6 November 2017: On the first Monday following the long overdue return to standard time, it seemed nothing could get me going despite having supposedly gained an hour of sleep.  What’s the cure for Monday malaise you ask.  The prescription for whatever ails you on Monday or any day is green chile–even in a Japanese restaurant.  Aya’s green chile tempura is as good as you’ll find at many New Mexican restaurants.  Not only does the chile have a pleasant piquancy, it’s served with something other than the de rigueur ranch dressing.  A soy-rice wine dressing imparts sweet notes that contrast nicely with the heat of the green chile strips.  The tempura batter is lightly applied and lends a delightfully crispy texture.

Green Chile Tempura

6 November 2017: Iron Chef Masaharu Morimoto describes ramen as “a dish that’s very high in calories and sodium.  “One way to make it healthier,” he advises is to “leave the soup and just eat the noodles.”  Do that at Aya’s and you’ll miss out on a very satisfying, soul-warming soup that’s surely the epitome of Japanese comfort food.  Picture tangles of ramen noodles in a miso flavored soup topped with corn, sprouts, minced meat and butter.  While other Japanese restaurants across the Duke City favor a pork broth for their miso ramen minced meat makes for a surprisingly flavorful protein.  My sole complaint about this ramen–and it’s a nit–is the very thin sliver of butter.  My preference would be for a healthy half pound of butter.  The ramen noodles are a joy to eat though the Iron Chef’s contention that eating solely the noodles would be healthier has got to be wrong.  These noodles are much too tasty not to be calorie-laden.

31 December 2016: Great desserts and Japanese restaurant are two terms not commonly associated with one another. If a Japanese restaurant in New Mexico even deigns to serve dessert, it’s usually plum sorbet or green tea ice cream. Aya offers several desserts heretofore unknown to us. The most intriguing may be the green tea parfait which is served on a goblet similar to what Dairy Queen might use to serve a sundae. Layers of flavor, color and texture define this dessert. Imagine corn flakes (yes, the Kellogs type), green tea ice cream, whipped cream, green tea jelly, chocolate and seasonal fruits. Where do you start? We discovered early on that this dessert is best experienced if you can combine flavors and textures in each spoonful. The combination of corn flakes, chocolate sauce and green tea ice cream is especially satisfying.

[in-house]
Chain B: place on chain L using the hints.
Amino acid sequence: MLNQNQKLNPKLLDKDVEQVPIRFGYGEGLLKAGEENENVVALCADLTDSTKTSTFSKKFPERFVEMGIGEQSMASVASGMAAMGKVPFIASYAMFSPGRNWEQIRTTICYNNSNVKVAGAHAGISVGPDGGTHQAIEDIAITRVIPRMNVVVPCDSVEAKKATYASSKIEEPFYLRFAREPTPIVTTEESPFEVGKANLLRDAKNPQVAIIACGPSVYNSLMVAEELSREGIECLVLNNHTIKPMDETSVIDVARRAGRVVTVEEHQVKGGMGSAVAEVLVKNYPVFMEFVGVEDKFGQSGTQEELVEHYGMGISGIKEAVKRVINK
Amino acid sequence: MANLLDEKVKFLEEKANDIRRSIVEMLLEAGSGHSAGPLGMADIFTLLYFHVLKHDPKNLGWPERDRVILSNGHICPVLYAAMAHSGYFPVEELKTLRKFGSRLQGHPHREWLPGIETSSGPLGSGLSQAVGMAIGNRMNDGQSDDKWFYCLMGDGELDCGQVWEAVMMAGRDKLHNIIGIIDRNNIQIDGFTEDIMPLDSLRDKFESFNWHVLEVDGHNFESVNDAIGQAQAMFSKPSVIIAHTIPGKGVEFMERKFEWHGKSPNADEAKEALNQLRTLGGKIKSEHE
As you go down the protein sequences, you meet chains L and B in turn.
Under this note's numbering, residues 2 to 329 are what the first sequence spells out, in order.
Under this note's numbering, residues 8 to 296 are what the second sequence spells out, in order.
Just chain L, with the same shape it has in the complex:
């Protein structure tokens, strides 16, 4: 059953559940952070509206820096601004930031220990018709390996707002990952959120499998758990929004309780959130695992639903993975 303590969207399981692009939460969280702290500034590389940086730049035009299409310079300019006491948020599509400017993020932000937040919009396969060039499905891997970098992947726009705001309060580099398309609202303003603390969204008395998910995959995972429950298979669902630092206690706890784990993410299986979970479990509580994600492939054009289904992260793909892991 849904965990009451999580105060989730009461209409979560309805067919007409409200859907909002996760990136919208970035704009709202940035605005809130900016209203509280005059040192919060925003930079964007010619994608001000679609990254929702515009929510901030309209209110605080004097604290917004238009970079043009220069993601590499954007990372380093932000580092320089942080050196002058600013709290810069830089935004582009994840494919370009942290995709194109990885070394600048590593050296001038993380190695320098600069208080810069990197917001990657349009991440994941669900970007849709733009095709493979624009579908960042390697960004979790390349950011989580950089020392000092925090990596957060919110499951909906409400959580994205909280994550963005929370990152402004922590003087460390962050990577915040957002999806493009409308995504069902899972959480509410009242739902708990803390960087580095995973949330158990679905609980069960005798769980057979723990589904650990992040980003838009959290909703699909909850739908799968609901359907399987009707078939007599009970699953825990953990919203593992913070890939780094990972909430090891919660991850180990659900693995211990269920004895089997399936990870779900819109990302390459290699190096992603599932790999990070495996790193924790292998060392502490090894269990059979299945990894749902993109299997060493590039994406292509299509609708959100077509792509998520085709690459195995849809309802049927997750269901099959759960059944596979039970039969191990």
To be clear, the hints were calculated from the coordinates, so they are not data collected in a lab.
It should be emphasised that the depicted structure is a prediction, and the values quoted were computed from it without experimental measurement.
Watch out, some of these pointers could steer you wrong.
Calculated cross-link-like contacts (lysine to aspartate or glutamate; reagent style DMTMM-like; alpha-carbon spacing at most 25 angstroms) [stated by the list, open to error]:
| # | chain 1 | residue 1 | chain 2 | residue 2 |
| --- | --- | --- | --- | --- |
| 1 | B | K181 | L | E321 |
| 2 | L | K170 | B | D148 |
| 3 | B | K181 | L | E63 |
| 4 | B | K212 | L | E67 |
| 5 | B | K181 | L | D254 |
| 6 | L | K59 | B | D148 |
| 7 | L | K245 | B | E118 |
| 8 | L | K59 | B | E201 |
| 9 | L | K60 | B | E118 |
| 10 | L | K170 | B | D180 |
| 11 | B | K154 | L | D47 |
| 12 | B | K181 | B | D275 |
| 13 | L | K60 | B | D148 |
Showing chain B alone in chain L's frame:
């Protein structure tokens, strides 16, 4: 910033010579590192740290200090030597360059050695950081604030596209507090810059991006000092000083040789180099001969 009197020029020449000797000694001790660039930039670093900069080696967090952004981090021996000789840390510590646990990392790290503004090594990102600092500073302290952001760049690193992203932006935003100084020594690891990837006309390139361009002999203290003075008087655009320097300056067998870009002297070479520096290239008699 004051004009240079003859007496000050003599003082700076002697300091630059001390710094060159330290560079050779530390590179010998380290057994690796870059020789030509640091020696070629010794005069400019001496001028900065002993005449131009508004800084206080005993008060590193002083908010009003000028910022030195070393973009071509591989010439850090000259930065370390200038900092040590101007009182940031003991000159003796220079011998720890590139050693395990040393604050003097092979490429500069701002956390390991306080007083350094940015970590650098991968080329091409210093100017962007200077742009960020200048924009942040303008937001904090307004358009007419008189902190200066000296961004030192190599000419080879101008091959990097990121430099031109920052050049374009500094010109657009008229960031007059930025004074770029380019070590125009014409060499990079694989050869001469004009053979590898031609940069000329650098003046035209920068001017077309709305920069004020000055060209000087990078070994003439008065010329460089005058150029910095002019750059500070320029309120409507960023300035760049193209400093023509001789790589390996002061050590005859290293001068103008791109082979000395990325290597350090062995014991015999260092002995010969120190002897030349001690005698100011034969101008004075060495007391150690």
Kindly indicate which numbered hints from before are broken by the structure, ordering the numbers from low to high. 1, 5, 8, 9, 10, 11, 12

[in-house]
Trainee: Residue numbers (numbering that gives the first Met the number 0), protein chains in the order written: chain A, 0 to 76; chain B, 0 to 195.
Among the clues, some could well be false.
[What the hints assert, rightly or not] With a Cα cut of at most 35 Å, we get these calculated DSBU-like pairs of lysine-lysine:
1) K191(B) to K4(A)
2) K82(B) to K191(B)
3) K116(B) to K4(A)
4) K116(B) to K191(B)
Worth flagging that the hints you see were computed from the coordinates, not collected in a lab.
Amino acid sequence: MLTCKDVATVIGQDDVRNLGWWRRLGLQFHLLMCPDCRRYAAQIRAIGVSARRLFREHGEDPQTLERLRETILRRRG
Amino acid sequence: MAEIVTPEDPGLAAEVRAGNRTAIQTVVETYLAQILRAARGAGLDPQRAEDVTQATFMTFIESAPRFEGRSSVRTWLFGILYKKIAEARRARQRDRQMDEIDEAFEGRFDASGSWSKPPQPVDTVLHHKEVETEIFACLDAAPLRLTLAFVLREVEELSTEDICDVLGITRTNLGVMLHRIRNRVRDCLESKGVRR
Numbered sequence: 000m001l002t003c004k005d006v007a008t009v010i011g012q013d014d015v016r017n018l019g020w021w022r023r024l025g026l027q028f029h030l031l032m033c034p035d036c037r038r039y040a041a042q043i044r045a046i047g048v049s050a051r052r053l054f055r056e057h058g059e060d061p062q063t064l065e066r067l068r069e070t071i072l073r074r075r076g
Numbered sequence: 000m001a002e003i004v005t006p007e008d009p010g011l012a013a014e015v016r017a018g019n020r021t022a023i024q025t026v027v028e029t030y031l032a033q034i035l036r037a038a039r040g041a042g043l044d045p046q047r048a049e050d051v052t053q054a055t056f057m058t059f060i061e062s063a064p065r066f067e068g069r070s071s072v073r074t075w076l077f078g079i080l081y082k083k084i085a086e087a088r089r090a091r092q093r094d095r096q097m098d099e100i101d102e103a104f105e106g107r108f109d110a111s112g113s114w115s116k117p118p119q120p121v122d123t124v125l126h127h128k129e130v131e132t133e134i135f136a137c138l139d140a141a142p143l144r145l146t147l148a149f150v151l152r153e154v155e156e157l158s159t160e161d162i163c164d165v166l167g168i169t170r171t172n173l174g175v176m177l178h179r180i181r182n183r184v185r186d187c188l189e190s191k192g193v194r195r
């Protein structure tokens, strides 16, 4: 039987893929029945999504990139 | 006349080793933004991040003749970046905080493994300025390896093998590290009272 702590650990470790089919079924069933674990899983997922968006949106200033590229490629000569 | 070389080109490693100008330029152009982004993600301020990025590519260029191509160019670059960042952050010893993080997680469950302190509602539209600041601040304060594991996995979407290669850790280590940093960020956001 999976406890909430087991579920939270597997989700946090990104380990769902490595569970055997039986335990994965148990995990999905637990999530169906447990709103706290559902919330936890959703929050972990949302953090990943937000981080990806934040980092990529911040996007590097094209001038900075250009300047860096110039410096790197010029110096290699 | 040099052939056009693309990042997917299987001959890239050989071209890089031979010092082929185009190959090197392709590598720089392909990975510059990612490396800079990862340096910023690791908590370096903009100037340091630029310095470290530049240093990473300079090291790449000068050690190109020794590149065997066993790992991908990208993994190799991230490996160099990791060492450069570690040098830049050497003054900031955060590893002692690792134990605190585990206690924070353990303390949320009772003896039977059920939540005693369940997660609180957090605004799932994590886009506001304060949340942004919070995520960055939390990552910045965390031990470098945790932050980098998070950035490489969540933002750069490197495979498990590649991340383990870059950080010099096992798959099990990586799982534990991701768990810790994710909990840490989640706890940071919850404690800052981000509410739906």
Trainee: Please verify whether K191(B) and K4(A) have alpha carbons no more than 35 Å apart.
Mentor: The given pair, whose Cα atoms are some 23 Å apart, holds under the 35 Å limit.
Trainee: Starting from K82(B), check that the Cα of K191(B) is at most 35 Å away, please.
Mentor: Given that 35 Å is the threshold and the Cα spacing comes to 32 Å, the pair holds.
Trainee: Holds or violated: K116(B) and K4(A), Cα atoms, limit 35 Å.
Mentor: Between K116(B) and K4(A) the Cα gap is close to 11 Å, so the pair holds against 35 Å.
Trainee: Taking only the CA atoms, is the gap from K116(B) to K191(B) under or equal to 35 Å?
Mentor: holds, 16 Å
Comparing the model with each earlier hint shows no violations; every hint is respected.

Miso Ramen

31 December 2016: We first experienced green tea tempura cheesecake at Naruto, one of the Duke City’s premier ramen houses.  It’s since been an obsession.  Comparisons with Naruto’s version were inevitable.  At Naruto, the cheesecake is drizzled with cocoa powder served atop a swirl of chocolate.  Not so at Aya where a thin tempura batter sheathes a beautiful wedge of green tea cheesecake.  A dollop of whipped cream with a cherry on top is served on the side.  It’s a very good cheesecake.

My introduction of this review posited the existence of an unspoken reciprocal arrangement between guests at a restaurant and the restaurant personnel who serve them.  I explained that our experience with Aya was unlike the usual polite interaction between the two parties.  As we settled our bill of fare and prepared to leave, Aya didn’t extend the perfunctory “come back soon.”  She embraced us as one might an old friend or family member and told us how much she appreciated our visit and interest in her food.  She meant it!

Green Tea Parfait

Aya’s New Asian Japanese Cuisine offers many of the comfort food favorites Americans have come to love as well as some new and different options which just might become new favorites.  There’s also a strong chance Aya herself will quickly become one of your favorite restaurateurs.

Green Tea Tempura Cheesecake

Aya’s New Asian
8019 Menaul, N.E., Suite A
Albuquerque, New Mexico
LATEST VISIT: 6 November 2017
1st VISIT: 31 December 2016
# OF VISITS: 2
RATING: 18
COST: $$
BEST BET: Bara Chirashi Sushi Plate, Yakisoba, Vege Tempura, Gyoza, Green Tea Tempura Cheesecake, Green Tea Ice Cream Parfait, Miso Ramen, Green Chile Tempura

Ayas New Asian Cuisine Menu, Reviews, Photos, Location and Info - Zomato